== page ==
Mandana Oskoui
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Award-winning metalworker Matthew Tomalin speaks about his late wife, Pamela Rawnsley

Award-winning metalworker and jeweller, Matthew Tomalin, spoke to us about his late wife's work and practice following a special curator's talk that was held at the Goldsmiths' Centre on 7th April 2016.

Thank you very much for an enjoyable talk today, and thank you for sharing such an intimate insight into Pamela's career and work with us. You are a metal worker and originally a jeweller. Could you tell us a little about yourself and your work?

Yes, I was originally a jeweller in the mid-60s into the 70s. Following on from this, I started working in wood at a very tiny and delicate scale. I then went back to wood and metals and then I started working in non-precious metals on a slightly larger scale.

In the mid-90s I discovered iron casting and over the last 20 years my practice has been effectively a small, one person iron foundry. And that’s been wonderful. I’ve now more or less stopped that partly because of my advanced years and partly because I want to go back to other sorts of metals.

It was really lovely to hear you talk about the various tools you created for Pamela to aid her in her work. How did you and Pamela work together?

We always had separate studios, different work schedules, different processes and even different music, all of the important things that would have made it impossible to share a workshop. We were always another pair of eyes for each other asking questions such as ‘is this any good?’, ‘am I onto something?’ and we would help each other in that way. I would be a technical help partly on the level of making equipment and partly because I had a different understanding of working precious metals, so again we would put our heads together. It was a partnership but never sitting down in the same space doing our own work together.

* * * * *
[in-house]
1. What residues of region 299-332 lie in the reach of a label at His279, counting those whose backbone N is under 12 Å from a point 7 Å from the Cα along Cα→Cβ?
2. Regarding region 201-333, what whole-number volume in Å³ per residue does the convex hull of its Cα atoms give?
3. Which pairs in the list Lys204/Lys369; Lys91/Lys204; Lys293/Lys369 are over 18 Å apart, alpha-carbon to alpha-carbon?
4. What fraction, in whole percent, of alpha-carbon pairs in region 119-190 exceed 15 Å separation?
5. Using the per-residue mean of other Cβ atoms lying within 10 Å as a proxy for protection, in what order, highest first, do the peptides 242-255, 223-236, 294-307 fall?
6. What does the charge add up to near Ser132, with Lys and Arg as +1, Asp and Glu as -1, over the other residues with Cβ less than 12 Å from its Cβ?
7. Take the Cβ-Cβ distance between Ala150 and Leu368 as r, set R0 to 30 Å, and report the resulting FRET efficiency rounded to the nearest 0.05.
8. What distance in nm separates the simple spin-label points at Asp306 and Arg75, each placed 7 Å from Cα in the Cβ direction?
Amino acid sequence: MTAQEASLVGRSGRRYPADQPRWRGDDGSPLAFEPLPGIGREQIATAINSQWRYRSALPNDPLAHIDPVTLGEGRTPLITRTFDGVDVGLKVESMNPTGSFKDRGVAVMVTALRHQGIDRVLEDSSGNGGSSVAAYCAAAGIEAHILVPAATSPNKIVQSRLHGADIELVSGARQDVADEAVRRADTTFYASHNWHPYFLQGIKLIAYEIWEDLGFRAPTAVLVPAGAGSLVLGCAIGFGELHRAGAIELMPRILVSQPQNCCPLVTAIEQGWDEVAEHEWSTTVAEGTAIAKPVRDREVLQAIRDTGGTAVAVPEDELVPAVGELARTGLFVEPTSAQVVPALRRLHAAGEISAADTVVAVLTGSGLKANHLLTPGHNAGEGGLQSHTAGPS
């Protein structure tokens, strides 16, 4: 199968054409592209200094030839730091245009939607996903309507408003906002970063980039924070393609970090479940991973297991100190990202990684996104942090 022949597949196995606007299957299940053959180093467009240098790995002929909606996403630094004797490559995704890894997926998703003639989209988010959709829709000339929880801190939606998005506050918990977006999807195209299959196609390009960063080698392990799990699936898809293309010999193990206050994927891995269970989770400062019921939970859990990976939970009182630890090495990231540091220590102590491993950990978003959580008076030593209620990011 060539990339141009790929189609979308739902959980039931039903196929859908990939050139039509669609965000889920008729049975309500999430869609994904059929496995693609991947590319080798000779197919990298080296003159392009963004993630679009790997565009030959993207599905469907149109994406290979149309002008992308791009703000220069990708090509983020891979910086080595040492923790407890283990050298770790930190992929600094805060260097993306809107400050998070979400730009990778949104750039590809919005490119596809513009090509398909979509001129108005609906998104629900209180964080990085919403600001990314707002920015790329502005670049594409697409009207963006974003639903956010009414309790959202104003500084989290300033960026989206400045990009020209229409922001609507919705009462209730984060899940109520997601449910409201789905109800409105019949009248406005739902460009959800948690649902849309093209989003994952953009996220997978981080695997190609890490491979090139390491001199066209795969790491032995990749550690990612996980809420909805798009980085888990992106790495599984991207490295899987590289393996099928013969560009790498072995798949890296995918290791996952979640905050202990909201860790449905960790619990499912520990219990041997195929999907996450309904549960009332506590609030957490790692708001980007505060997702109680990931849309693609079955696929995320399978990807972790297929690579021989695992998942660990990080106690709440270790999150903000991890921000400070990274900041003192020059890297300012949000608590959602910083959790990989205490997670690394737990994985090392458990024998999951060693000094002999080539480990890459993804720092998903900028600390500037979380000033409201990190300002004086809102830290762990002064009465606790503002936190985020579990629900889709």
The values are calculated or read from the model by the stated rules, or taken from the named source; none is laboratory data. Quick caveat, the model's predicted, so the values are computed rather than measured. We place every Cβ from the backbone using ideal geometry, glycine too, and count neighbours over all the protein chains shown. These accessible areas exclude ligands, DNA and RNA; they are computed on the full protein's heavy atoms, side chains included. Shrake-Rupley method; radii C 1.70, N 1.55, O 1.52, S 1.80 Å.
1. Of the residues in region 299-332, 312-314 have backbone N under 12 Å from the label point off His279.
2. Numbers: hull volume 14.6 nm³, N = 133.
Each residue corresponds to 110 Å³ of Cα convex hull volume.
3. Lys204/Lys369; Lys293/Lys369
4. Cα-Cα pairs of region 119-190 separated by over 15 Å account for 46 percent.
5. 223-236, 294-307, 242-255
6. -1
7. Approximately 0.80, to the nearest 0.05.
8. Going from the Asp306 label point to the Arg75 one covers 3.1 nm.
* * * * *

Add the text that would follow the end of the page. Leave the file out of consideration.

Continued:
What are your thoughts as you walk through and view this retrospective?

I love it! It’s gorgeous! And I’m a fan…

Do you have a favourite piece from the exhibition?

I obviously have lots. If you want me to name one, then it would have to be ‘Out of the North’. These are the pieces (the pair of vessels) on the banner outside and on the left as soon as you come in to the Goldsmiths’ Centre which was Pamela’s last and most technically challenging, and I think most expressive vessel pair or vessel sequence. It was a combination of the vessel sequence ideas and Pamela said of that piece, that she made in 2011-2012, at her time of dying she said to me ‘that is yours’. So I suppose that’s my favourite. Technically that piece was very challenging and we had to invent a technique for how to solder the detail attachment to the body without melting it or compromising the joints that were already there and we had to put our heads together and jointly problem solve that one which we did.

What do you think Pamela would say if she saw the exhibition of her work here at the Goldsmiths’ Centre?

She would be very happy…


During the Pamela Rawnsley exhibition at the Goldsmiths’ Centre, we have been collecting donations for Brain Tumor Research. Please help us continue our fundraising by visiting the charity website at you can also make donations.